were formed on these cylinders by soaking them in the salt solutions described in Table I, drying, and heating in air at 950° C. overnight.

The activity of the resulting catalytic composition was determined as described in Example 1, before and after heating in air at 950° C. for 100 hours, to obtain the data given in Table II.

EXAMPLE 10

A perovskite having the nominal formula [Ba0.4 La0.6 ] [Co0.8 V0.2 ]O3 was prepared. To a solution of 100 grams of lanthanum nitrate [La(NO3)3.6H2 O], 42.3 grams of barium nitrate [Ba(NO3)2 ], and 89.6 grams of cobalt nitrate [Co(NO3)2.6H2 O] in 1.5 liters of water was slowly added a solution of 134.1 grams of potassium carbonate (K2 CO3) in 0.5 liter of water. To the resulting slurry was added 6.39 grams of vanadium oxide (V2 O4) with stirring. The slurry was filtered and the separated solids were washed with water and dried under reduced pressure at 120° C. The dried solids were ground, mixed, and heated at 950° C. for about 60 minutes and then three times ground, mixed, and heated at 950° C. overnight. The resulting composition was ground and passed through a 325-mesh Tyler standard sieve screen. The product had a surface area of less than 1.5 square meters per gram, determined with nitrogen by the BET method. X-Ray diffraction analysis indicated the presence of a major amount of a perovskite having a crystal structure like that a LaCoO3 and the absence of significant amounts of binary metal oxides.

A cylinder of "Torvex" alumina ceramic honeycomb was coated with the above perovskite composition by substantially the procedures of Example 1. The percentage increase in the weight of the cylinder was 22.8%.

A metal oxide composition having the nominal formula [Sr0.4 La0.6 ] [Co0.9 Pt0.1 ]O3 was formed on the surface of the coated cylinder. The cylinder was soaked in the salt solution described in Table I for about 30 minutes at room temperature, dried, and heated at 950° C. overnight. The platinum content of the impregnated coated cylinder was determined to be 0.09% by X-Ray fluorescence analysis using a double-dilution technique. It was estimated to be 0.08% from the amount of the salt solution absorbed during impregnation and 0.05% from the change in the weight of the coated cylinder from impregnating with the salt solution, drying, and heating.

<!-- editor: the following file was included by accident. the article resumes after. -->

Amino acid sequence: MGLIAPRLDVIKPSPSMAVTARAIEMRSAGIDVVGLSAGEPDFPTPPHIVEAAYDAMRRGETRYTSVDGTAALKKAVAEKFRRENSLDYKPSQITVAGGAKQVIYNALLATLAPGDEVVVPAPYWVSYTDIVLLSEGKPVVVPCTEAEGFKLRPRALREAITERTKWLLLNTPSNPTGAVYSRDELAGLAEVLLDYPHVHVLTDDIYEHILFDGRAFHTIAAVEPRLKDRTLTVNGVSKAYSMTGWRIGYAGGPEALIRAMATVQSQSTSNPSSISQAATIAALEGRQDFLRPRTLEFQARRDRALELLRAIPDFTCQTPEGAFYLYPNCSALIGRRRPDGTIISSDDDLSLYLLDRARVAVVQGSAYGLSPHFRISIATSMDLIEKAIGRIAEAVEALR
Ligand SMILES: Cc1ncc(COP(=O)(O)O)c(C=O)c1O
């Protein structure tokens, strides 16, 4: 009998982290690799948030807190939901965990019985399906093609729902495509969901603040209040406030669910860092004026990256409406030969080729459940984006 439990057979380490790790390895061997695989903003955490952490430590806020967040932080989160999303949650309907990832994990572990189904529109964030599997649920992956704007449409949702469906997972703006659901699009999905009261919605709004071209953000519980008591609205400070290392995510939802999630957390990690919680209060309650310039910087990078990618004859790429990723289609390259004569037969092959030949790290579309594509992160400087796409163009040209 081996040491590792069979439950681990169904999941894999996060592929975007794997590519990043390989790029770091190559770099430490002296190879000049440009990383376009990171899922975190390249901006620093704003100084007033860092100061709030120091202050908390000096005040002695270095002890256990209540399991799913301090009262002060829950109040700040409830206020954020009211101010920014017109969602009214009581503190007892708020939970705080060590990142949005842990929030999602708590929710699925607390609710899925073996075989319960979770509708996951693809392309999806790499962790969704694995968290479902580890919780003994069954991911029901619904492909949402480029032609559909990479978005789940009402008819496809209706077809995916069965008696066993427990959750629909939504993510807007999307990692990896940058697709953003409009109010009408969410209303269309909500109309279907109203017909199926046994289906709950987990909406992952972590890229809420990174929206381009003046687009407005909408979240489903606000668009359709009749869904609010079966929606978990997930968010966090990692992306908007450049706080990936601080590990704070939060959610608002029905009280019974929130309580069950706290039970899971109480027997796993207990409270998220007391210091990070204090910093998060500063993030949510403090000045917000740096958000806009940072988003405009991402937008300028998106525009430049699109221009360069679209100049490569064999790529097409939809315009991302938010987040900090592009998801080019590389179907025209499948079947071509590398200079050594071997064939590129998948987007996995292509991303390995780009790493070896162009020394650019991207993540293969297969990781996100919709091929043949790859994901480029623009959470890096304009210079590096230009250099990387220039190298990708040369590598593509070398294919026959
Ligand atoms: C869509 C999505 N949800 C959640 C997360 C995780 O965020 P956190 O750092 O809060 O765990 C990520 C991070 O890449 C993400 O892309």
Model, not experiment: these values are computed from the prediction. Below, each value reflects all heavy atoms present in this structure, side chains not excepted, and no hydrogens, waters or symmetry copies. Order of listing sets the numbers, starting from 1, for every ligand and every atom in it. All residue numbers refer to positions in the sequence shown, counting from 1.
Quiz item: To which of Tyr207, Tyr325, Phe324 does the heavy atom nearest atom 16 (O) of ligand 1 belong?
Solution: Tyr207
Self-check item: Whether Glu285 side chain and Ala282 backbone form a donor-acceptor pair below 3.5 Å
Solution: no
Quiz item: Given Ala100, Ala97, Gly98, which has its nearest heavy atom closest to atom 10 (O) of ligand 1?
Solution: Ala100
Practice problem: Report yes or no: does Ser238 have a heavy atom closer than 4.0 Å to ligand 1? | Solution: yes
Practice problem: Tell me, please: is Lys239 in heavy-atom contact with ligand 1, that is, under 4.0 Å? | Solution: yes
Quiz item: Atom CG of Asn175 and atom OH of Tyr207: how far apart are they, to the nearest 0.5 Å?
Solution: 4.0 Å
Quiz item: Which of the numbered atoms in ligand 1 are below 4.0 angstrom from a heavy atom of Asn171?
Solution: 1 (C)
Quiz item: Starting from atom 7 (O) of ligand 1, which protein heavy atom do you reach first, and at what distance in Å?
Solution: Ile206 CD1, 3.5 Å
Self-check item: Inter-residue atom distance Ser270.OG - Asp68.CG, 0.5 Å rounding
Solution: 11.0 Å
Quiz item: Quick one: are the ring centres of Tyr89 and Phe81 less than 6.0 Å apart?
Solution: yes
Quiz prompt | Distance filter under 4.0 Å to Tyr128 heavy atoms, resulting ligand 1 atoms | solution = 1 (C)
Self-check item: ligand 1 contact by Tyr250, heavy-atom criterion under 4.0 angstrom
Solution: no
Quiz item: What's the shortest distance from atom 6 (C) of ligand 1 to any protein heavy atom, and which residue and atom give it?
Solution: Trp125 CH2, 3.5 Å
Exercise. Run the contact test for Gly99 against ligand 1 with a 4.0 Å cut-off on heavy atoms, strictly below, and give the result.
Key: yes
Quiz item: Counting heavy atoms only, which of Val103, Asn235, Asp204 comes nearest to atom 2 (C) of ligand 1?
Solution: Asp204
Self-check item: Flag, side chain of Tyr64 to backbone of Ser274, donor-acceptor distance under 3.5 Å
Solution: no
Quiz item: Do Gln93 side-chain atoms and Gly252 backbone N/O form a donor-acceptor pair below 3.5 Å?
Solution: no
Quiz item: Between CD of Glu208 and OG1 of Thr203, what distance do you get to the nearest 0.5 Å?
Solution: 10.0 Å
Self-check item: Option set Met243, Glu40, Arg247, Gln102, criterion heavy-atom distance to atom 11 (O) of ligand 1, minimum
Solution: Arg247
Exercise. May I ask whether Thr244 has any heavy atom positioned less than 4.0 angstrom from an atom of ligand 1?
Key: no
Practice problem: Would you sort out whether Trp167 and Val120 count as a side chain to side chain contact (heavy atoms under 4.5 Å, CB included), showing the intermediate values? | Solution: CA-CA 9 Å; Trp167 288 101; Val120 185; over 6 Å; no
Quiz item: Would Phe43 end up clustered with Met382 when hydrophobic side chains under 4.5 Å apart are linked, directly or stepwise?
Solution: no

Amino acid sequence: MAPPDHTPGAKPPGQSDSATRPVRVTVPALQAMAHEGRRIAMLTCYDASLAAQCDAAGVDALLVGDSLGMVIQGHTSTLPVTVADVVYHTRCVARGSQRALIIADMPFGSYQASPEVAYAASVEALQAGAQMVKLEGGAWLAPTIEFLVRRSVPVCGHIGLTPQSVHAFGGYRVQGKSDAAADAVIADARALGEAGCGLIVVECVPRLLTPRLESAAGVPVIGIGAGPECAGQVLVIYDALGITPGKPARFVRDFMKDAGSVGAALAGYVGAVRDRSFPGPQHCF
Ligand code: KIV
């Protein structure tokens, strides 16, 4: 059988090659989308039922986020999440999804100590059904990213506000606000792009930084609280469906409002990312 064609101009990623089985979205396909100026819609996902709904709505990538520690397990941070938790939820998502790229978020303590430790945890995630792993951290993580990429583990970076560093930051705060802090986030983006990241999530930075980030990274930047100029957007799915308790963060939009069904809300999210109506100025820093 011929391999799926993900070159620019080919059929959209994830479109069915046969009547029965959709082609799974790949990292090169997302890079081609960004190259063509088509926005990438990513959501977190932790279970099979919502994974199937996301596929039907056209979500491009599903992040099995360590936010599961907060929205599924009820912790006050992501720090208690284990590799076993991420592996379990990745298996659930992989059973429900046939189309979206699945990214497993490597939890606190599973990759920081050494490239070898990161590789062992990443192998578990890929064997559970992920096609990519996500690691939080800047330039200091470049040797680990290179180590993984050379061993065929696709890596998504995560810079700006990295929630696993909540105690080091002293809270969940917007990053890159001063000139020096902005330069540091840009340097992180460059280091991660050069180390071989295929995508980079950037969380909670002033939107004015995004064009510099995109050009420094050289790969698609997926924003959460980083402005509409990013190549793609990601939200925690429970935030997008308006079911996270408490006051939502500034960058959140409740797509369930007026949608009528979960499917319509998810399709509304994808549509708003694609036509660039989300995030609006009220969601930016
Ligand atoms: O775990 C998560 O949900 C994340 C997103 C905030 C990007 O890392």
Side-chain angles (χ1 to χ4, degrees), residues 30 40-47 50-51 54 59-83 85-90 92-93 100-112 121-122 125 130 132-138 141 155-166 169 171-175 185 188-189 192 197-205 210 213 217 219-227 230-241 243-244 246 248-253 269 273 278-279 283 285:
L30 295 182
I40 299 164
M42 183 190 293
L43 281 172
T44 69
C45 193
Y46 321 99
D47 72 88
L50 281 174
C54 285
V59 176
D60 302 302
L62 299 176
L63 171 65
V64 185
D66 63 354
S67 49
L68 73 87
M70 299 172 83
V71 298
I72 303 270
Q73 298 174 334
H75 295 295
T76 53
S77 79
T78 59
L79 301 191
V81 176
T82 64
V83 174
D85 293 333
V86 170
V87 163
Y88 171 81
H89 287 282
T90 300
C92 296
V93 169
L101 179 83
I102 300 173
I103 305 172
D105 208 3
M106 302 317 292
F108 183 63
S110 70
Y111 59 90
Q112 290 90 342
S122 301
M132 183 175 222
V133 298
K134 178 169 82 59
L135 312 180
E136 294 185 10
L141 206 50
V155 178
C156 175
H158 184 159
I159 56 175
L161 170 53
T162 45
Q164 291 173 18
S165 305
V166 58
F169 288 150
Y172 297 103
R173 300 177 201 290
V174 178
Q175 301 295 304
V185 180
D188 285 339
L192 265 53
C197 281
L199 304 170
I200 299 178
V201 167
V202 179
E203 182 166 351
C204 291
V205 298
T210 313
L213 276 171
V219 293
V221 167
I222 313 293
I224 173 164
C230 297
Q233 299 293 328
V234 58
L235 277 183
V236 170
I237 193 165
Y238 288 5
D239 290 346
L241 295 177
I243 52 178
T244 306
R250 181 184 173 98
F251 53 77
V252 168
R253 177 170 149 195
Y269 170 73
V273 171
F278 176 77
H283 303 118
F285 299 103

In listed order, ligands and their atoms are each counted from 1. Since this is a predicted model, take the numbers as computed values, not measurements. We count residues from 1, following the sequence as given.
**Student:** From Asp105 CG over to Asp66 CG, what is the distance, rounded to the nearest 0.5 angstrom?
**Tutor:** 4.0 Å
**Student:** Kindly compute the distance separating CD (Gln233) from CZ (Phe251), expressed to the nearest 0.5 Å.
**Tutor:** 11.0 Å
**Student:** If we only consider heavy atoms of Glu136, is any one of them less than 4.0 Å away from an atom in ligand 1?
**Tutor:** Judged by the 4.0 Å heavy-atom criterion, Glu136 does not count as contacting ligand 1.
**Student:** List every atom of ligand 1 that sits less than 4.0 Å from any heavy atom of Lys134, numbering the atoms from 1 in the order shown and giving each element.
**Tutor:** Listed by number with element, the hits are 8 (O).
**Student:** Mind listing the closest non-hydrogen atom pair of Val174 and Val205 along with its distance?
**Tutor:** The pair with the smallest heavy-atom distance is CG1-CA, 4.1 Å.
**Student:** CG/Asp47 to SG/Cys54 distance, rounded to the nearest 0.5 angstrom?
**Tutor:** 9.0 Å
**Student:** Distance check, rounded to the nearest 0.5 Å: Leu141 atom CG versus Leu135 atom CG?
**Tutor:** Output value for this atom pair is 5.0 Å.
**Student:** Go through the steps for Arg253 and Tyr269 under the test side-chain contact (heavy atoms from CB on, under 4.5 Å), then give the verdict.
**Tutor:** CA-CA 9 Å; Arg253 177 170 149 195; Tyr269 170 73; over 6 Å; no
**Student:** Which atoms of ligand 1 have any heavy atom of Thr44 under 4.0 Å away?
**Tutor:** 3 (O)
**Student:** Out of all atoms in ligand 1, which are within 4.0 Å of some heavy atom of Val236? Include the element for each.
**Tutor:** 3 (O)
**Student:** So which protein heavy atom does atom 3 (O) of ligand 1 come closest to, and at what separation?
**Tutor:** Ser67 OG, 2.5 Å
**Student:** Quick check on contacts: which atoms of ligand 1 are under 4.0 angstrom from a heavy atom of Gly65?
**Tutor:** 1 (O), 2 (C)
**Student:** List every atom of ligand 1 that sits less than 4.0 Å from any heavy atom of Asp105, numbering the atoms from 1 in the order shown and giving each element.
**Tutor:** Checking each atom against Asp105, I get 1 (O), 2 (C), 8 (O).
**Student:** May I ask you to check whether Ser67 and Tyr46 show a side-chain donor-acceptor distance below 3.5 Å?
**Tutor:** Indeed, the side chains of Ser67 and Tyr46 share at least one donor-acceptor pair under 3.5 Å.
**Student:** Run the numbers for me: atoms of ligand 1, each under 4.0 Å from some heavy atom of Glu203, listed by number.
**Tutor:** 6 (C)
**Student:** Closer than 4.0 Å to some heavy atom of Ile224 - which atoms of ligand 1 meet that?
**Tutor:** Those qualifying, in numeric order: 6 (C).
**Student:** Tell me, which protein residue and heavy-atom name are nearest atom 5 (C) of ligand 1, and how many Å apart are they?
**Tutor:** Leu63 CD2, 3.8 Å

The activity of the catalytic composition was determined as described in Example 1 to obtain the data given in Table II.

EXAMPLES 11 TO 20

The perovskite lanthanum aluminate was prepared substantially as described in Example 6. X-Ray diffraction analysis showed the resulting LaAlO3 to contain a major amount of lanthanum oxide. It had a surface area of 20.363 square meters per gram, measured with nitrogen by the BET method.

Cylinders of "Torvex" alumina ceramic honeycomb were coated with this perovskite composition by the procedures of Example 1. The percentage increases in the weights of the cylinders are given in Table III.

Catalytic compositions containing oxides of the following metals:

Example 11: Vanadium

Example 12: Chromium

Example 13: Iron

Example 14: Cobalt

Example 15: Nickel

Example 16: Copper

Example 17: Zinc

Example 18: Chromium and Copper

Example 19: Platinum

Example 20: Manganese

were formed on the coated cylinders. The cylinders were immersed in the salt solutions described in Table III for about one hour at room temperature, dried, and heated in air for about 16 hours at 950° C. The metal contents of the impregnated coated cylinders, estimated from the increase in dry weight of the coated cylinders, are given in Table III.